If you are self-publishing a novel, like I am with Search for the Emerald Tablet, you can save yourself a lot of pages by correctly flowing your book.
When I created the first version of the novel in Serif PagePlus, the publishing software I use, I chose a standard block layout as you would use for a report, or other document. There was no paragraph indent and the paragraphs were all separated by 6 points of blank space. This was visually pleasing, and appealed to my sense of balance. When the book was finished, and I checked widow/orphan control, I noticed the pages were not lining up nicely. Still, I went ahead and submitted it to blurb.ca as an X-3 type PDF file. I ordered a few copies to see what it looked like. In general, I was happy with the printed books. This is how I produced Final versions 2 and 3 as well. In total, there were 378 story pages using Georgia 12-point font.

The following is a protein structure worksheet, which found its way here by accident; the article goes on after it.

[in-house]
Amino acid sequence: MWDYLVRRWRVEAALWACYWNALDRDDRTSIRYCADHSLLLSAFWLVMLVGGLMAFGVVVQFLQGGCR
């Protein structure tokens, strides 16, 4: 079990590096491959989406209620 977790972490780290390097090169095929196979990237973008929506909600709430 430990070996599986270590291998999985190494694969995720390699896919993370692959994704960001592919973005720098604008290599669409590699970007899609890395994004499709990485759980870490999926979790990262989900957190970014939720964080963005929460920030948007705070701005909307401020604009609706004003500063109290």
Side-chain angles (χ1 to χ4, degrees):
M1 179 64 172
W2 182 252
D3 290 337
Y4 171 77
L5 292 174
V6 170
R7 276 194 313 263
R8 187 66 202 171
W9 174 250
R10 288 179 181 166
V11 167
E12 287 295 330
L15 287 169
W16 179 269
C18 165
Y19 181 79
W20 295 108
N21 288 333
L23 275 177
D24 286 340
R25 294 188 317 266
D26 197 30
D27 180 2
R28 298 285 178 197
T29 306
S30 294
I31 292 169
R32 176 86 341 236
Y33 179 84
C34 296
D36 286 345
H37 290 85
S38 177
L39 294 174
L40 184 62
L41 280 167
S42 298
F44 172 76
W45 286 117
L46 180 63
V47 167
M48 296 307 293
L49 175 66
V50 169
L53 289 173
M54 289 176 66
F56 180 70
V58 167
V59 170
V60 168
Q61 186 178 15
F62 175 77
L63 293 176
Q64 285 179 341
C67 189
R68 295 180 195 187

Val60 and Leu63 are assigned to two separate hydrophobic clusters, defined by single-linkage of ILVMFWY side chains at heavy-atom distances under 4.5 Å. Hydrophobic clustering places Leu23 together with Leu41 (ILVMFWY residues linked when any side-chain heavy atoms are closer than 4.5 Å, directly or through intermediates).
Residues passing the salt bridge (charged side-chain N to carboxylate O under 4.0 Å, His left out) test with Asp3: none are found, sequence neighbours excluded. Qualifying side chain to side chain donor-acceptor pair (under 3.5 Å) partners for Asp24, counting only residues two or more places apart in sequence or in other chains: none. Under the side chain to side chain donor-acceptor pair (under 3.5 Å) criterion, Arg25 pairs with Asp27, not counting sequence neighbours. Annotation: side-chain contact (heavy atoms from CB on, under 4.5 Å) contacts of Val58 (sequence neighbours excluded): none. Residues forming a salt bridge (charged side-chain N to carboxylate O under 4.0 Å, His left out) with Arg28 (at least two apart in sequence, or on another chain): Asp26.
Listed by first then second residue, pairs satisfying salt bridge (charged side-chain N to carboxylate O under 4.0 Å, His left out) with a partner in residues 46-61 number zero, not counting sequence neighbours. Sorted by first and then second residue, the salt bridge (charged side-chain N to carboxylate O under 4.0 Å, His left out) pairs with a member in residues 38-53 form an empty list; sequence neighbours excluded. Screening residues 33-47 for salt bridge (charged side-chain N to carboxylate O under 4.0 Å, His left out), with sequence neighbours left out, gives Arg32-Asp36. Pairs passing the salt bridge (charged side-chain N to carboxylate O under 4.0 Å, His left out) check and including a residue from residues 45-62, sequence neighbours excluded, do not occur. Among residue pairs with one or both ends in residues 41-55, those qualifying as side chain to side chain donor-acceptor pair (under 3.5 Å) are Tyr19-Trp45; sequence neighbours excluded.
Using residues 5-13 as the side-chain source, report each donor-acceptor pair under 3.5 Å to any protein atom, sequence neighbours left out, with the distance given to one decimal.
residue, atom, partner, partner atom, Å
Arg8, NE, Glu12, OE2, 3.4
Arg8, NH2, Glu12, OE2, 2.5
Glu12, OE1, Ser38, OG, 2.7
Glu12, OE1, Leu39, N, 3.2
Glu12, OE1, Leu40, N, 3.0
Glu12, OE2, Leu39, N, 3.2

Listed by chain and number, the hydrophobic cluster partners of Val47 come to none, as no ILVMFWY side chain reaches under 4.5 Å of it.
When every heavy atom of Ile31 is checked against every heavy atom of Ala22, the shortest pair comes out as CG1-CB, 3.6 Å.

Not long afterwards, I was checking out some firms and blogs that offered services that included laying out the inside of the book. This got me thinking! I picked up a bunch of books I had laying around the place, and looked at their content layout. Hmm…they were all using the same style…indented paragraphs and no extra white space. Orphan/widow control was also pretty much out the window. The next time I was in Superstore and Walmart, I checked the books they had on display. Same deal. The vast majority had page numbers at the top, with the title centred at the top of the right page and the author’s name centred at the top of the left page.
When I completed final, final version 4, I changed the flow of the book to match the commercial books I had look at. What a difference! Although I did chop off a few story pages to tighten the story, the new layout resulted in a reduction to 336 story pages! Not only did I save myself 42 pages, my book now looks exactly like all the other commercial books–professional! With an ISBN block, complete with pricing, on the back cover, the book is shelf-ready.